Shingles (herpes zoster) is a viral infection that causes an outbreak of a painful rash or blisters on the skin. It's caused by the varicella-zoster virus, which is the same virus that causes chickenpox. The rash most often appears as a band of rashes or blisters in one area of your body.
When you have chickenpox as a child, your body fights off the varicella-zoster virus and the physical signs of chickenpox fade away, but the virus always remains in your body. In adulthood, sometimes the virus becomes active again. This time, the varicella-zoster virus makes its second appearance in the form of shingles.
About 1 million cases of shingles are diagnosed every year in the U.S. The risk of shingles increases as you get older, with about half the cases occurring in people over the age of 50. Shingles develops in about 10% of people who have had chickenpox at an earlier time in their lives.
People who have had chickenpox who are more likely to develop shingles include those:
The chickenpox virus doesn’t leave your body after you have chickenpox. Instead, the virus stays in a portion of your spinal nerve root called the dorsal root ganglion. For the majority of people, the virus stays there quietly and doesn't cause problems. Researchers aren't always sure why the virus gets reactivated, but this typically occurs at times of stress.
Yes, you can get shingles more than one time. One of the biggest myths about shingles is that it can only happen once. This isn’t true. You can have more than one episode. If you get shingles again, you usually don’t get the rash in the same place.
Shingles is caused by the varicella-zoster virus, the same virus that causes chickenpox.
Early symptoms of shingles may include:
Other signs and symptoms that appear a few days after the early symptoms include:
It can take three to five weeks from the time you begin to feel symptoms until the rash totally disappears.
Occasionally, some people don’t get a rash. If you have any of the other symptoms of shingles (even without a rash), see your healthcare provider sooner rather than later. There are effective treatments you can take early for shingles. Even if you don’t have shingles, seeing your healthcare provider will help you get your condition diagnosed and treated.
The virus travels in specific nerves, so you will often see shingles occur in a band on one side of your body. This band corresponds to the area where the nerve transmits signals. The shingles rash stays somewhat localized to an area. It doesn’t spread over your whole body. Your torso is a common area, as is your face.
Someone with shingles can’t spread shingles to another person, but they can spread chickenpox. The varicella-zoster virus is spread through direct skin-to-skin contact with the fluid that oozes from the blisters. Shingles is rarely spread by breathing in the varicella-zoster virus the way airborne viruses are spread. If your rash is in the blister phase, stay away from those who haven’t had chickenpox or the chickenpox vaccine and keep your rash covered.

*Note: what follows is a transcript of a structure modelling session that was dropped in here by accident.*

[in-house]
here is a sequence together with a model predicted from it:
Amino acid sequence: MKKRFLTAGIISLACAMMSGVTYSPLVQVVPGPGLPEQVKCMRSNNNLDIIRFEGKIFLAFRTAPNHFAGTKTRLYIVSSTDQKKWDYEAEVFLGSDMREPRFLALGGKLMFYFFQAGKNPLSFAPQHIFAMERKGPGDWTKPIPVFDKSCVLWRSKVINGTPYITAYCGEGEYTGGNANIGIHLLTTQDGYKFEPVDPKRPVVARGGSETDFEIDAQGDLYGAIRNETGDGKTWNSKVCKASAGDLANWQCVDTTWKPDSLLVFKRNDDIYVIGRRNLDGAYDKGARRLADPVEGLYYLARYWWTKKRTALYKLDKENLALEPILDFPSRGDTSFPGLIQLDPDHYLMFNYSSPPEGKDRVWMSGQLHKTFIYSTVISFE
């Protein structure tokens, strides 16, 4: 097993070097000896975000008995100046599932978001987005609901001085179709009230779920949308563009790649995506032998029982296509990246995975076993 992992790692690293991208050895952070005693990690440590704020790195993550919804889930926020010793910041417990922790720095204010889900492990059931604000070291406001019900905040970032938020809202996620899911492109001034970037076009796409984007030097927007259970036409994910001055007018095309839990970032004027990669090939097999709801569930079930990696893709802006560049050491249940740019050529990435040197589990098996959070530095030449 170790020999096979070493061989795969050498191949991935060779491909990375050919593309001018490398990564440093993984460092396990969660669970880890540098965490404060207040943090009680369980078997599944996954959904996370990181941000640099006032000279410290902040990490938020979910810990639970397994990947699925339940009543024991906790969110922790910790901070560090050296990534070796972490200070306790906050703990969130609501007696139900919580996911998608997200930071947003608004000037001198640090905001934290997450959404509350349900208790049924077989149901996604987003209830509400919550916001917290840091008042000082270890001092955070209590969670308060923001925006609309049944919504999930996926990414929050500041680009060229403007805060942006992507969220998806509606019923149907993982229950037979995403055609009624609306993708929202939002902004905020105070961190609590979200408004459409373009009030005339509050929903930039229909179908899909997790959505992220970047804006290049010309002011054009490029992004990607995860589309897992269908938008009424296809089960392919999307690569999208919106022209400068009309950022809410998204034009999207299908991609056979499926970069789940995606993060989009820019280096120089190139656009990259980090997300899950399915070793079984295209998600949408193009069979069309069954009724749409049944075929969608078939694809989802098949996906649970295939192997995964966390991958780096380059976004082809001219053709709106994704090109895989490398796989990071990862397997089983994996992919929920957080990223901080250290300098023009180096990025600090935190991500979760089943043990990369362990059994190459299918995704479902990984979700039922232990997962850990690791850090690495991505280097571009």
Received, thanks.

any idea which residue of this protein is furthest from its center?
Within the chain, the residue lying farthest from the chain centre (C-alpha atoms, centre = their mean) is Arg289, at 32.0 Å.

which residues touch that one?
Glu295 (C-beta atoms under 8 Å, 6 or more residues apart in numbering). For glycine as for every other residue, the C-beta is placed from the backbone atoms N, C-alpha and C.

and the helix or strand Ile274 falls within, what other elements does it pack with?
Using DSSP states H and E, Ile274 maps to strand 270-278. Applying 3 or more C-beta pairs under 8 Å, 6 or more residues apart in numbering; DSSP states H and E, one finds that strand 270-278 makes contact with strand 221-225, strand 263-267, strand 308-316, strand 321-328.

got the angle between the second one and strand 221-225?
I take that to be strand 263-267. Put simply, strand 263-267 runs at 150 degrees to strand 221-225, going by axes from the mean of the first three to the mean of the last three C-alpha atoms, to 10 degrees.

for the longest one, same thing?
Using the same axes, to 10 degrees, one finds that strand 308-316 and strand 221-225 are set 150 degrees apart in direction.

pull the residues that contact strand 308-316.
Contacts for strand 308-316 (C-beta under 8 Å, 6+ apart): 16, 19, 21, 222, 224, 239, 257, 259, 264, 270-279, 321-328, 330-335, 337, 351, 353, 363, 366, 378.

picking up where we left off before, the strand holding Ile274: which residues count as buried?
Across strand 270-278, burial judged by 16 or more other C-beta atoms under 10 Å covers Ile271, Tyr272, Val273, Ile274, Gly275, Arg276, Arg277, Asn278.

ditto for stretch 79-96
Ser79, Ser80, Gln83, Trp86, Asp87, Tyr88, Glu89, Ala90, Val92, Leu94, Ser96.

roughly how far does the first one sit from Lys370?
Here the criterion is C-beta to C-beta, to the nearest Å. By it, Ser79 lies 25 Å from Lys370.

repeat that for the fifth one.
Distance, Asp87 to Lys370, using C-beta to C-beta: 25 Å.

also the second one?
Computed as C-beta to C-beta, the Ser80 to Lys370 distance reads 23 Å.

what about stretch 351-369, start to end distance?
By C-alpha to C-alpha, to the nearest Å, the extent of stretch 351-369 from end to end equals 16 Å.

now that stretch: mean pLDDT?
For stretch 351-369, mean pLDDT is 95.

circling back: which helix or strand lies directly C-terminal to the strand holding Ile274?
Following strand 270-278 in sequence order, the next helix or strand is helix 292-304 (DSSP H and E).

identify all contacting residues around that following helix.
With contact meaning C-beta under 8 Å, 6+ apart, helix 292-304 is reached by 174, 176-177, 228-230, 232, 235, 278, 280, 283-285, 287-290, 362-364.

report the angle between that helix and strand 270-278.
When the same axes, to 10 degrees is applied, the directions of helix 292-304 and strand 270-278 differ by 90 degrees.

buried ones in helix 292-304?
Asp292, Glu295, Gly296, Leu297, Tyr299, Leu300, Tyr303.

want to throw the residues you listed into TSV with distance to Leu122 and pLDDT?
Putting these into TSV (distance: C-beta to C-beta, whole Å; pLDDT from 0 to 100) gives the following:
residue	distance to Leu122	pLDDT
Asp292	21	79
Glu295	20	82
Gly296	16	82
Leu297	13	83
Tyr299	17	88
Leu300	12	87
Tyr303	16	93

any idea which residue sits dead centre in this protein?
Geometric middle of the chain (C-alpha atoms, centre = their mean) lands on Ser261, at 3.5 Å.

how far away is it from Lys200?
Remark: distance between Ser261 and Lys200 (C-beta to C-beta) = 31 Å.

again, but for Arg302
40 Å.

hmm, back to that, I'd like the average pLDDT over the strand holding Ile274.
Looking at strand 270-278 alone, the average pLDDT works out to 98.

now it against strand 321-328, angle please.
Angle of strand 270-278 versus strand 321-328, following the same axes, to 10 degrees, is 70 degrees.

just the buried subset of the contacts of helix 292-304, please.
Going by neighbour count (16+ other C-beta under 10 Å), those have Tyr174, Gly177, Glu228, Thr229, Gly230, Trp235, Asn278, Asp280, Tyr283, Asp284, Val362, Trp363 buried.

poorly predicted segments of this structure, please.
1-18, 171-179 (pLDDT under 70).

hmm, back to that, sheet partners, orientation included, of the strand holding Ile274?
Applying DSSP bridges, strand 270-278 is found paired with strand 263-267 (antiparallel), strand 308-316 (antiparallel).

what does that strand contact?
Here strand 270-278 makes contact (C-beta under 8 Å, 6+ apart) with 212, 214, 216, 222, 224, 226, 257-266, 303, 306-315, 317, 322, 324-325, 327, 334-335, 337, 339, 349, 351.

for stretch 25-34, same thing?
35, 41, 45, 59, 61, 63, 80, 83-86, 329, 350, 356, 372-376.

If you have shingles, you’re contagious until the rash is dried and crusted over. The varicella-zoster virus can only cause chickenpox in someone who has never had chickenpox or hasn’t been vaccinated against chickenpox.
Shingles can be diagnosed by the way the rash is distributed on your body. The blisters of a shingles rash usually appear in a band on one side of your body. Shingles also may be diagnosed in a laboratory using scrapings or a swab of the fluid from the blisters.
There is no cure for shingles but there are treatments for managing the symptoms.
These drugs may ease the discomfort and make the symptoms stop sooner, particularly if you start them within 72 hours of the first sign of shingles. They may also help prevent the pain that can happen months and years later, called postherpetic neuralgia. These medications include:
These medications include the following and may be effective in relieving pain:
Antibacterial drugs may be prescribed if you develop a bacterial infection due to the shingles rash. Anti-inflammatory drugs like prednisone may be prescribed if shingles affects your eyes or other parts of your face.
It’s important to note that most people with shingles don’t need to be in a hospital, but if you do:
After the shingles rash has disappeared, you might continue to have nerve pain in that same area. Postherpetic neuralgia can last for months or years and become quite severe.
More than 10% of people who get shingles develop postherpetic neuralgia. Researchers don’t know why some people get postherpetic neuralgia and others don’t. It may be that nerves become more sensitive or that the virus may be invading and damaging the central nervous system.
Other complications include:
Treatments include lotions or creams (such as lidocaine or capsaicin) and/or other medications not specifically used for pain, such as antidepressants or drugs for epilepsy. Regular pain relievers are not usually effective for this type of pain.
If your pain doesn’t lessen, you might try therapies like nerve blocks or steroid injections near the area where the nerves exit the spine. Your provider might suggest an implantable nerve stimulator device for severe, ongoing pain that hasn’t responded to other treatments.
Two vaccines are available in the United States to reduce your chance of developing shingles and postherpetic neuralgia. One vaccine, Zostavax®, has been available since 2006. The second vaccine, Shingrix®, has been available since 2017. Shingrix is recommended as the preferred vaccine by the Advisory Committee on Immunization Practices, a group of medical and public health experts.
Shingrix (recombinant zoster vaccine) is given as a two-dose shot in your upper arm. You should receive the second dose (shot) two to six months after receiving the first. Shingrix has been shown to be more than 90% effective in preventing shingles and postherpetic neuralgia. Its effectiveness remains above 85% for at least four years after receiving the vaccine.
The Shingrix vaccine is recommended for those 50 years of age and older who are in good health.
You should get the Shingrix vaccine even if:
Ask your healthcare provider, who knows your entire health history if getting this vaccine is right for you.
You shouldn’t receive the Shingrix vaccine if you: